AMS HP eNews Bulletin 29 September 2016



  Australasian Menopause Society  
Health Professionals eNews29 September 2016
  Welcome to AMS HP eNews for doctors and other healthcare professionals who have a special interest in women's health. The content covers information and resources relevant to menopause, midlife and the promotion of healthy ageing.


20th AMS Congress - Registration open 

AMS Annual Congress  Fremantle - Western Australia 18-20 November 2016Attend our Congress at the Esplanade Hotel in Fremantle, right in the heart of the art and cafe culture of the historic port city and close by to beaches, the Swan river and Rottnest Island. 


Register now

Earlybird registration is open until
30 September





AMS Congress Awards 

At the AMS Congress the following awards will be made: 


Congress Awards 

The Jean Hailes Memorial Prize is presented to the best free communication or poster presentation by a current AMS member who is still within 10 years of having completed their tertiary degree. The presenter is to indicate their eligibility for this prize when submitting their abstract. The winner will receive a certificate of honour and AUD$500.


The Barbara Gross Award is presented to the best overall free communication or poster by a current AMS member. All free communications and posters presented at the Congress by a current AMS member will be entered for this award. The winner will receive a certificate of honour and AUD$1,000.


The Vivien Wallace Poster Prize is given to encourage delegates working in any area of medicine to submit a poster for inclusion in the 2016 Congress program. This is an annual award to the value of AUD$250.


Judges for the Congress Awards are appointed by the Chair of the Scientific Program Committee and there are two judges per room, with a prescribed scoring system.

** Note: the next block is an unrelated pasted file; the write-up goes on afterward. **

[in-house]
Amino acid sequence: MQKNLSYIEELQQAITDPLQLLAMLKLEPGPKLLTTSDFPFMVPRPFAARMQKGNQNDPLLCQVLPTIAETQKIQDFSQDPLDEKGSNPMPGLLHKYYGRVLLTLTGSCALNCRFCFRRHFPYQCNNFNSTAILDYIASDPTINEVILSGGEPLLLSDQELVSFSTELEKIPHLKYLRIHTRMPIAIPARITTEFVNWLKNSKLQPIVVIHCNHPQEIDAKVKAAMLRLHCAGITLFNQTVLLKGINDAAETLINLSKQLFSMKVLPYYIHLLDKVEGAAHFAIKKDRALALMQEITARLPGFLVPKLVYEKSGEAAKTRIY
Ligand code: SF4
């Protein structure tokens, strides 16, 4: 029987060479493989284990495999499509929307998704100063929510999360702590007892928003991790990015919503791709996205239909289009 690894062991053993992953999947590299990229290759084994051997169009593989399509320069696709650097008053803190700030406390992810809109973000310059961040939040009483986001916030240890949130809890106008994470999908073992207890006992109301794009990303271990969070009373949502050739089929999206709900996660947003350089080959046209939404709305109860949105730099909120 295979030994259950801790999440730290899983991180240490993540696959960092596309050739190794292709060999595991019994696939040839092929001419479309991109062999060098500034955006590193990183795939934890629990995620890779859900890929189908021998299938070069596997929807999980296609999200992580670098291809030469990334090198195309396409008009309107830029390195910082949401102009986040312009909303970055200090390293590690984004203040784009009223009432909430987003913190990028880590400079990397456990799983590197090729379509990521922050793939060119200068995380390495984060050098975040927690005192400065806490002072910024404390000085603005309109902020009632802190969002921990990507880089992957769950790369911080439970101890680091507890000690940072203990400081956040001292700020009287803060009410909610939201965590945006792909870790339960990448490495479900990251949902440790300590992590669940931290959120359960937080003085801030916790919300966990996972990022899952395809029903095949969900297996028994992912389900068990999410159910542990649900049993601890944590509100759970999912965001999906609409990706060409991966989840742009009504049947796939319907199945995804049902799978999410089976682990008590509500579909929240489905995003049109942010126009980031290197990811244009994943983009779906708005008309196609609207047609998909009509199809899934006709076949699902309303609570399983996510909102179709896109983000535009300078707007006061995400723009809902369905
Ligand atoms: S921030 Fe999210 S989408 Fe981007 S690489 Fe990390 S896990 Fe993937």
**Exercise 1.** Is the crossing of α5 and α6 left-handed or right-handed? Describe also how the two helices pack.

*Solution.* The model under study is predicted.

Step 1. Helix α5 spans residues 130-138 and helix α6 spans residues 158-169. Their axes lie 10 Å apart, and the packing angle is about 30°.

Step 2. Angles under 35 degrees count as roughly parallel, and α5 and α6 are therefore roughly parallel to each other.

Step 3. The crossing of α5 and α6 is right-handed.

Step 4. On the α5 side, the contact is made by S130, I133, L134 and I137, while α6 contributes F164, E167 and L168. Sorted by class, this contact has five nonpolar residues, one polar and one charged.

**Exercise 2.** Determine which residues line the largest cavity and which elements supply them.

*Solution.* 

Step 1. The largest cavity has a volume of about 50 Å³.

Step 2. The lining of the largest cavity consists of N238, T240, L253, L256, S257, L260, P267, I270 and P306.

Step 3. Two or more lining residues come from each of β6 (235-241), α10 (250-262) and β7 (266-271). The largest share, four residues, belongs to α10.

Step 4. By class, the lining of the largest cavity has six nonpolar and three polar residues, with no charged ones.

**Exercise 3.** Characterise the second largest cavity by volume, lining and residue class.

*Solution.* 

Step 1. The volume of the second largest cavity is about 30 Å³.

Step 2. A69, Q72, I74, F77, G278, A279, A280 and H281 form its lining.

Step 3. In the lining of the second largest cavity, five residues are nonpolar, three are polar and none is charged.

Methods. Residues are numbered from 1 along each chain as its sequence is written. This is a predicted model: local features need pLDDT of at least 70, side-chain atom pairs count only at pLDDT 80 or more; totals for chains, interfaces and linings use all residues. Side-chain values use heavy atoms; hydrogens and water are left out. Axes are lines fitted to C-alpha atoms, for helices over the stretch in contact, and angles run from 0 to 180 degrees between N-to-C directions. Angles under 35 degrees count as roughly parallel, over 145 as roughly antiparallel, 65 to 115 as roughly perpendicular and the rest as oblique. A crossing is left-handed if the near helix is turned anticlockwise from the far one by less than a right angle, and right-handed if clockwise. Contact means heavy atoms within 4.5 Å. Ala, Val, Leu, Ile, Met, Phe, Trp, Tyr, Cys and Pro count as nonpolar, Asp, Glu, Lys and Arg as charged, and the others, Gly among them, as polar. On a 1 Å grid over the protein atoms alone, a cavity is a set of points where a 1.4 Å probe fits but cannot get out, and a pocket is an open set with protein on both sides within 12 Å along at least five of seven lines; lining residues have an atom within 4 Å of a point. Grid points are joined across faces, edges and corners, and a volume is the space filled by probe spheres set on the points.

AMS Awards 

The AMS Scientific Award is given to the most meritorious contribution to the field of menopause by an Australian or New Zealand investigator. This is an annual award based on a published/accepted paper in the past 12 months accepted and in press by 30 June 2016. The paper should be on a specific subject related to menopause. The winner will receive a certificate of honour and AUD$500.00. Applications for the Award should reach the AMS Secretariat by 30 September 2016



Revised Global Consensus Statement on Menopausal Hormone Therapy  

Revised global consensus statement MHTThis Consensus Statement is endorsed by The International Menopause Society, The North American Menopause Society, The Endocrine Society, The European Menopause and Andropause Society, The Asia Pacific Menopause Federation, The International Osteoporosis Foundation and The Federation of Latin American Menopause Societies.


The publication of the Global Consensus on Menopausal Hormone Therapy in 2013 by leading global menopause societies succeeded in presenting guidelines in a troubled therapeutic area that are helpful to both health-care providers and potential users of menopausal hormone therapy (MHT).


The revised statement is aimed at updating and expanding the areas of consensus. Bullet-point format aims to facilitate ease of use. Only areas of consensus are shown and does not replace the more detailed and fully referenced recommendations of the individual societies (referenced at the end of the document).